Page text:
I can just say that I have absolutely no respect for cyclists that have been suspended for being doped or being suspected for doping. Sorry the credibility is not there anymore.
Not proven guilty, LOL, I do not care.

I’m flabbergasted by the attitude many of the professional cyclists have.

Yes, I do love cycling but care very little these days. I really hope that there will be solution on the problem, but it will not come from the professionals that is for sure. Hardly from the team management either. The most likely future solution is no sponsors, no TV, then there would be no interest and definitely no one will care.

Klöden, let me smile.
 
shawnrohrbach said:
The B***h of it is you need a confession or evidence to out Lance, and so far, none has been forthcoming. Evidence CAN be eyewitness testimony, but there is none of that. Yeah yeah, so he sues people who talk public smack about him and so do I. I worked in a law firm for several years proving contractors were guilty of defrauding the public trough on government contacts and the 'Burden of Proof' in the U.S is an important concept, one which kept me up many late nights making sure scum bags didn't get away with stealing public money. I had to scour millions of pages of documentation to PROVE fraud. I think since Lance is a US citizen, he benefits from the same constitution; PROVE it or SHUT THE F**K UP.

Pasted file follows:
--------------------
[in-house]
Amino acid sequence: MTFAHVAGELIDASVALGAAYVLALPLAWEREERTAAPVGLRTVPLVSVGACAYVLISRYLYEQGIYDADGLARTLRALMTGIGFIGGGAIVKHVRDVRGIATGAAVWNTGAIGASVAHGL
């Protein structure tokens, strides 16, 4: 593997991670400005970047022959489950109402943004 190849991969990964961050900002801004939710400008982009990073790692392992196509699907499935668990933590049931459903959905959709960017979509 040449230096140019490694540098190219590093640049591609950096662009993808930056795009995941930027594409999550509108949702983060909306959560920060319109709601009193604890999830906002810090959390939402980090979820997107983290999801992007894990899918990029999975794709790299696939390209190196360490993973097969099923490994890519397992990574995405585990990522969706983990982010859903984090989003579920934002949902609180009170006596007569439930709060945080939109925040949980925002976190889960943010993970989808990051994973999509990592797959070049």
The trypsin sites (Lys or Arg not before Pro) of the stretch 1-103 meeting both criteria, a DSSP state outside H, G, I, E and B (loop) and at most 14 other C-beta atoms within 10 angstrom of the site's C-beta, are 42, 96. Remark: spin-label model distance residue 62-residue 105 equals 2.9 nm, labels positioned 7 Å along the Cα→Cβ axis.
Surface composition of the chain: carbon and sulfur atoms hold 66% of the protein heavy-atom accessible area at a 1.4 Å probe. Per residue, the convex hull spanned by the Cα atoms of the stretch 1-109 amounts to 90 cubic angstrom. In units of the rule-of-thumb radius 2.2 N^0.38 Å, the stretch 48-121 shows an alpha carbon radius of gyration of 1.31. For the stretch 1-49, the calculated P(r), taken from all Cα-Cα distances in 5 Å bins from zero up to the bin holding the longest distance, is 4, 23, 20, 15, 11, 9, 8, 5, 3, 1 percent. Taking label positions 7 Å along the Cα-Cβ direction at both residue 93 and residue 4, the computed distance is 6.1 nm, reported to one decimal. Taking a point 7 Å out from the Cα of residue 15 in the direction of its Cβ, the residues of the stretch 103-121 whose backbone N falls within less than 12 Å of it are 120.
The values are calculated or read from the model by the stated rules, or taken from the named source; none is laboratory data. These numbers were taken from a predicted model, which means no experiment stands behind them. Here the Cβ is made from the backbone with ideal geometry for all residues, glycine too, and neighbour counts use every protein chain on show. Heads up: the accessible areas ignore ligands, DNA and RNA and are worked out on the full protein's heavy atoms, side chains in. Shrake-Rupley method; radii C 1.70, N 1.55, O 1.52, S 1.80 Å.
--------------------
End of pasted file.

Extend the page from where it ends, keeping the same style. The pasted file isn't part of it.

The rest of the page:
You know, it's guys like you that give lawyers a bad reputation and makes us all wonder what criteria these days allows one to enter law school. You're no Cicero that's for sure, nor does your dialectic compare to the former's Cataline Speaches.